The first Battle of Ohio marks a huge game for the Browns, who were 0-6 under head coach Pat Shurmur in divisional games last season. Can Cleveland turn things around after coming oh-so-close to upsetting the Eagles last week, and collapsing twice to Cincinnati in 2011? Our full position-by-position breakdown for the Browns vs. Bengals game, as well as my prediction, is after the jump.
Despite making the playoffs in his rookie season, much of Andy Dalton's success was built off of having a great receiver in A.J. Green. I will remain on record in saying that he is just an average quarterback and will have a sophomore slump in 2012. For an average quarterback, though, he has shown the ability in the past to rally in the fourth quarter of games.
Unfortunately for the Browns, Brandon Weeden did not even receive an ounce of consideration for being ranked over Dalton this week because of how terrible he was in Week 1. I have faith that he will rebound against the Bengals. A lot of his issues against the Eagles stemmed from his receivers letting him down early, and then missing a couple of throws that he proved he could make in the preseason and during camp.
BenJarvus Green-Ellis is a solid, tough-running back who can probably offer some more consistency for the Bengals than Cedric Benson did a year ago. He does not break big runs and historically has not been much of a threat as a pass catcher, though, which limits what the team can do with him while he's in the game.
The Browns being ranked "even" here has to do entirely with Trent Richardson's potential. It should not have been a huge surprise to see him a bit tentative against the Eagles when he saw his first real contact in a long time. You can expect a lot of that tentativeness to disappear against a Bengals front seven that is not as strong.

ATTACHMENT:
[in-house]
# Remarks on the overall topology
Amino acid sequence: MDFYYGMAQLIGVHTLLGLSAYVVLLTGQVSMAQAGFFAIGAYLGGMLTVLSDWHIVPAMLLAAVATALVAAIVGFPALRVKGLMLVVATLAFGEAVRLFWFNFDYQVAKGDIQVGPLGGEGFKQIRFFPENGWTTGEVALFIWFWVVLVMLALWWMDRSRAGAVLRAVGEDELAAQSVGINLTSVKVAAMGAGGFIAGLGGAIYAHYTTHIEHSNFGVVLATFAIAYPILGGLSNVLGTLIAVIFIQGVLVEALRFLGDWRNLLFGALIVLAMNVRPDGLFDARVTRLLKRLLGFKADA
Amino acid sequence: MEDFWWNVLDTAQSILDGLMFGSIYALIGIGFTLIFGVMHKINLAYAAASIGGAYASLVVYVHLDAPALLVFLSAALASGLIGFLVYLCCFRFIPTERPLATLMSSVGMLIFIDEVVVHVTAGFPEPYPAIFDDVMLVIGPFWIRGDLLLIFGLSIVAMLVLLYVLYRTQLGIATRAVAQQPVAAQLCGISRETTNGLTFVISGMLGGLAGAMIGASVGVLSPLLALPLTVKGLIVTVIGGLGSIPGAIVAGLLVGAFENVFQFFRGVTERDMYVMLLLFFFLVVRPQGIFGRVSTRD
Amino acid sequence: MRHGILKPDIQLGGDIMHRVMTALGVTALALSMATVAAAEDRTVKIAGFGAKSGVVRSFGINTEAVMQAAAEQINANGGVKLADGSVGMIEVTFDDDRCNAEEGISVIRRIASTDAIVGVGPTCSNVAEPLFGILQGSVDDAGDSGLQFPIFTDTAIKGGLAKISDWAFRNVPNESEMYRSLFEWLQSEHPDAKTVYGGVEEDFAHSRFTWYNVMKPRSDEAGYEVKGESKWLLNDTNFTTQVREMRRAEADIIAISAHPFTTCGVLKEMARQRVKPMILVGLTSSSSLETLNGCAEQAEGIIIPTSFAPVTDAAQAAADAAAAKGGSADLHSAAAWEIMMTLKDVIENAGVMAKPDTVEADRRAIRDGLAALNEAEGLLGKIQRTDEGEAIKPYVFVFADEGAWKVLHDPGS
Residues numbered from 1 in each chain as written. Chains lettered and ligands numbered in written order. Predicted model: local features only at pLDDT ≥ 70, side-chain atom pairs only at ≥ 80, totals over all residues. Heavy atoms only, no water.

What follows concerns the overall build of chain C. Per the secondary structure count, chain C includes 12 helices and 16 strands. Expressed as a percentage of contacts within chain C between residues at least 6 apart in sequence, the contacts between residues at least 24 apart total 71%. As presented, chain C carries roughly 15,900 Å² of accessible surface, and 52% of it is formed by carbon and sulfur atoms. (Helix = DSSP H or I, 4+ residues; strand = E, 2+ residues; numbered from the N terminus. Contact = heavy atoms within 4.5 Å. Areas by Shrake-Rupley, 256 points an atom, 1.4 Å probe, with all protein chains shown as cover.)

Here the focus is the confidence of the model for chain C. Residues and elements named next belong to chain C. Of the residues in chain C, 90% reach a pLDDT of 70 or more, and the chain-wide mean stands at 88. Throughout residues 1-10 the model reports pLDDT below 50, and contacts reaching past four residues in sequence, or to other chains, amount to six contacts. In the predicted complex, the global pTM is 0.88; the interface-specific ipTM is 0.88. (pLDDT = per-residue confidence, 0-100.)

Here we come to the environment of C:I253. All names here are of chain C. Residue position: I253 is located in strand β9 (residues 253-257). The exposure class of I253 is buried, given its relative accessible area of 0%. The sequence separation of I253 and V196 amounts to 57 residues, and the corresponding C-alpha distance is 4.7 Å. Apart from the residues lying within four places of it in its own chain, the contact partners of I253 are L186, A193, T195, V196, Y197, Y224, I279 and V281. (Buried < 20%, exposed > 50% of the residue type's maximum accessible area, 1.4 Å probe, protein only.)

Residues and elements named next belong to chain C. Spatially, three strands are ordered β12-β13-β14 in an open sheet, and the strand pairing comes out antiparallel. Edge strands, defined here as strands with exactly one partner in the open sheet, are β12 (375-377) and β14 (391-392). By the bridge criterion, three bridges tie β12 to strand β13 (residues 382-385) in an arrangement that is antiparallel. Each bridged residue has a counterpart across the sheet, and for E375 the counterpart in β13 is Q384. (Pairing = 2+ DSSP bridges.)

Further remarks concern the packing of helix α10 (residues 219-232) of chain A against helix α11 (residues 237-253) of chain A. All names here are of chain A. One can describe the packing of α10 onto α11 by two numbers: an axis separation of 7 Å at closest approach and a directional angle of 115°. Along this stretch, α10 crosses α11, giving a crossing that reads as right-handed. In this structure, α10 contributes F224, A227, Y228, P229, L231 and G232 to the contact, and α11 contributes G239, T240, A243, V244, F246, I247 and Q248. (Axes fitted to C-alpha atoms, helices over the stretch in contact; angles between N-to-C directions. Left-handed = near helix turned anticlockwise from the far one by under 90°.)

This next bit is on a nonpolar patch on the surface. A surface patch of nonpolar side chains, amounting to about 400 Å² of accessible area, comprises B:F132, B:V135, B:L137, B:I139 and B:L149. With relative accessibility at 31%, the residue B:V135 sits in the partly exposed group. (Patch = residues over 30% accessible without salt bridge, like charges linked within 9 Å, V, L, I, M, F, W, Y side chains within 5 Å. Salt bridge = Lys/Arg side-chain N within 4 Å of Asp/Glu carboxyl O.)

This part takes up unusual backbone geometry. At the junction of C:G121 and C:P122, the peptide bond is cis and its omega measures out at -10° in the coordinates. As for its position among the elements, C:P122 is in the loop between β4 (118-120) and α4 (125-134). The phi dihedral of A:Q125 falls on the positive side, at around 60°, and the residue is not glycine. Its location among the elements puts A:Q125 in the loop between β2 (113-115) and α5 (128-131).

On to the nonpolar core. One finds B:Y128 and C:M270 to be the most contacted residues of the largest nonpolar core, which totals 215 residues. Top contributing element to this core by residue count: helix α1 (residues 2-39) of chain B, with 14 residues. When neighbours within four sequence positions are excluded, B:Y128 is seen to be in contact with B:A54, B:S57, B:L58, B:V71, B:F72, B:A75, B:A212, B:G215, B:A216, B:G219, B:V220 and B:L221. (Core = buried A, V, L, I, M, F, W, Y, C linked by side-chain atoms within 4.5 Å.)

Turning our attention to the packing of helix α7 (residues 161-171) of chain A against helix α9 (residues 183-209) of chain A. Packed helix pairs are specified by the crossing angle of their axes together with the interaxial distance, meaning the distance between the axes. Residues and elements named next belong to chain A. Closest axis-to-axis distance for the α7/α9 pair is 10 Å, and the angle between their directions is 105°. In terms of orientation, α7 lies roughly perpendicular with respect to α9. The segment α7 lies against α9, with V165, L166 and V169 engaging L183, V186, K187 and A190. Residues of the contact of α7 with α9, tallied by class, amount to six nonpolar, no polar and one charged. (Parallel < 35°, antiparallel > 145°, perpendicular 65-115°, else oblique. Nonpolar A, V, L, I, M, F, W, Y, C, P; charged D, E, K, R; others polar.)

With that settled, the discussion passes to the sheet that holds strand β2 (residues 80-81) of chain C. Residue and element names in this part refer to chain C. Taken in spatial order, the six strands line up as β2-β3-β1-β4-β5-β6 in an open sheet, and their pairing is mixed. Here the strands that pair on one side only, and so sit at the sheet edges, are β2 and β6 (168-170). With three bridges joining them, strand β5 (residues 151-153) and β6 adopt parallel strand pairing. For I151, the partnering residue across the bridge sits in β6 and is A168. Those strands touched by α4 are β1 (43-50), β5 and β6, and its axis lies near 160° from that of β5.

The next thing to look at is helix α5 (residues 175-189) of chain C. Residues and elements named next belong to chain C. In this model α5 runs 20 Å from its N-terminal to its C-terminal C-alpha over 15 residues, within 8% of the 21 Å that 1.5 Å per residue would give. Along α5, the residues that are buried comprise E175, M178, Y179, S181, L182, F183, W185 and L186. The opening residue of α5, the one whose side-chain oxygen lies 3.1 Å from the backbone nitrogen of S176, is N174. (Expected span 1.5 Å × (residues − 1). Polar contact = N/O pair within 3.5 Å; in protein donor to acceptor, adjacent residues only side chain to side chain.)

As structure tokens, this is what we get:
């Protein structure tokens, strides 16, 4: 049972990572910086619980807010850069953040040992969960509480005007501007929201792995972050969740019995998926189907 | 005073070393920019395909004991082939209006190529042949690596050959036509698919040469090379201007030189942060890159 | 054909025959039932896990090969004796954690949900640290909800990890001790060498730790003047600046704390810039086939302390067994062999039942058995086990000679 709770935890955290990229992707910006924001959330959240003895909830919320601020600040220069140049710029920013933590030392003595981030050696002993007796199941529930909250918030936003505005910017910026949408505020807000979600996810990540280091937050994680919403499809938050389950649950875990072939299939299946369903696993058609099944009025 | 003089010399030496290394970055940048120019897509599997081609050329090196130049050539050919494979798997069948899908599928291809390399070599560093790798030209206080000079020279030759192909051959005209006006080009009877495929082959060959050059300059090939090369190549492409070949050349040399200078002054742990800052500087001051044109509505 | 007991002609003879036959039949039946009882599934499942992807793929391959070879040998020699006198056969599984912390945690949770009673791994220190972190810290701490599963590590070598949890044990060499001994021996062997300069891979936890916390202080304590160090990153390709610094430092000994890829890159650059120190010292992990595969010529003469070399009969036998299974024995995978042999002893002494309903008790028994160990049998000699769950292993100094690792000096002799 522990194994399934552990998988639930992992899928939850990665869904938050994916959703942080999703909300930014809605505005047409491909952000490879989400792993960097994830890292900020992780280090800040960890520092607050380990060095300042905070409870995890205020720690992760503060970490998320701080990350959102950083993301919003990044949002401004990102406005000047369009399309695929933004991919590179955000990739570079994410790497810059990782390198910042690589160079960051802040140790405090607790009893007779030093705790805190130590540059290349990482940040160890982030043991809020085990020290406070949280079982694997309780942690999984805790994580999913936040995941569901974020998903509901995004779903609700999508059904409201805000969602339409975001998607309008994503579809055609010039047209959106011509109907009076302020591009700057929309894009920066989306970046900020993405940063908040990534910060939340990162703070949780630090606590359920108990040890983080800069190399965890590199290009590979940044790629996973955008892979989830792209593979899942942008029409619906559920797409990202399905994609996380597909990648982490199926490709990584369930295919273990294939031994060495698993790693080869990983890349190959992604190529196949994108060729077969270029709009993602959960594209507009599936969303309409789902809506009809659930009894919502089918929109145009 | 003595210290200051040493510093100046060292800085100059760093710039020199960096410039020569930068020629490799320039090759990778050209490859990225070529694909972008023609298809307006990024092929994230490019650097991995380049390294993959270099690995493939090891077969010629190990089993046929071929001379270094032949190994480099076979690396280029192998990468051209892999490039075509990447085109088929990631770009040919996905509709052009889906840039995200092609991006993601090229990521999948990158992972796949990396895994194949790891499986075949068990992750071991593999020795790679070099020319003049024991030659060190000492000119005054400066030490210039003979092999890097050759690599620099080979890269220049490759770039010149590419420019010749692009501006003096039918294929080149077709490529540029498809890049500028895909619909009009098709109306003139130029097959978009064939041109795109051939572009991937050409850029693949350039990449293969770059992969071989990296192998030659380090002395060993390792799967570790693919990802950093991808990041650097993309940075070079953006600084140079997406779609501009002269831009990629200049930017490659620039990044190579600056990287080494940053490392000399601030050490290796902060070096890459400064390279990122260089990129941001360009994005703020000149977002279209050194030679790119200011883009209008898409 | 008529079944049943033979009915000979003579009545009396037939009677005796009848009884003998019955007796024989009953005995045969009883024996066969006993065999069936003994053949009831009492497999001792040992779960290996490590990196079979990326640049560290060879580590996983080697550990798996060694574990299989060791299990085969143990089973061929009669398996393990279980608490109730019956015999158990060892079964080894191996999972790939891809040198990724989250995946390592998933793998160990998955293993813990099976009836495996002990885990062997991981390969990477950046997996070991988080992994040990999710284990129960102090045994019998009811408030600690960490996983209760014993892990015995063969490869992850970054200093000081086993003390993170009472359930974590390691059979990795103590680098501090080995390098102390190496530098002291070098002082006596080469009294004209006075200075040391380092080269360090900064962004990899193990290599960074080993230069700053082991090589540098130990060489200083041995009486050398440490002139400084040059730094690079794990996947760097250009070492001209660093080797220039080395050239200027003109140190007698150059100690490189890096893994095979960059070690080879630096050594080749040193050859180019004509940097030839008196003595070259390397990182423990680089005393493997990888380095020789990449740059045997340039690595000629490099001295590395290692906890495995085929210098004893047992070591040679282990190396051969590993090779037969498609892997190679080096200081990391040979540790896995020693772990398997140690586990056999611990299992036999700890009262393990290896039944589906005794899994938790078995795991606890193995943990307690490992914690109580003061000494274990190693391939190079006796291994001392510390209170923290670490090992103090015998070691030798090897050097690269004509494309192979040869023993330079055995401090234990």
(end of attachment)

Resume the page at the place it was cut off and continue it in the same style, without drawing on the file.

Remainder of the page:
When you have a receiver with the talent of A.J. Green, your team is going to be favored over most others more times than not. With Joe Haden out, it'll be interesting to see how both teams react regarding Green -- will the Bengals target him more often, or will he be targeted less if Cleveland throws a lot of double teams at him? 5'7" Andrew Hawkins looked like an intriguing player last week against Baltimore, and he could be the guy who makes Cleveland's secondary pay if they key in on Green too much.
The Browns really need their receivers and tight ends to come through if they want rookie quarterback Brandon Weeden to get out of his mini-slump. That means no drops from Greg Little, better playcalling, and better personnel decisions. Since the Bengals' defense doesn't boast as impressive of a pass rush, hopefully Jordan Cameron can receive a few more snaps in favor of Alex Smith at tight end.
The Browns' offensive line did not do a terrible job in pass protection to start off the season, but the real issues came in run blocking. Whether it was the guards, center, or the tackles, everyone needs to get coordinated better to help spring Trent Richardson.
The Bengals lost two of their starting offensive linemen during the preseason: left guard Travelle Wharton and center Kyle Cook. Cook has been replaced by former Brown Jeff Faine, who filled in better than one could ask for against the Ravens. Still, between two newcomers, and the fact that rookie Kevin Zeitler is at right guard, Cleveland's front four has a chance to do some damage for the second week in a row.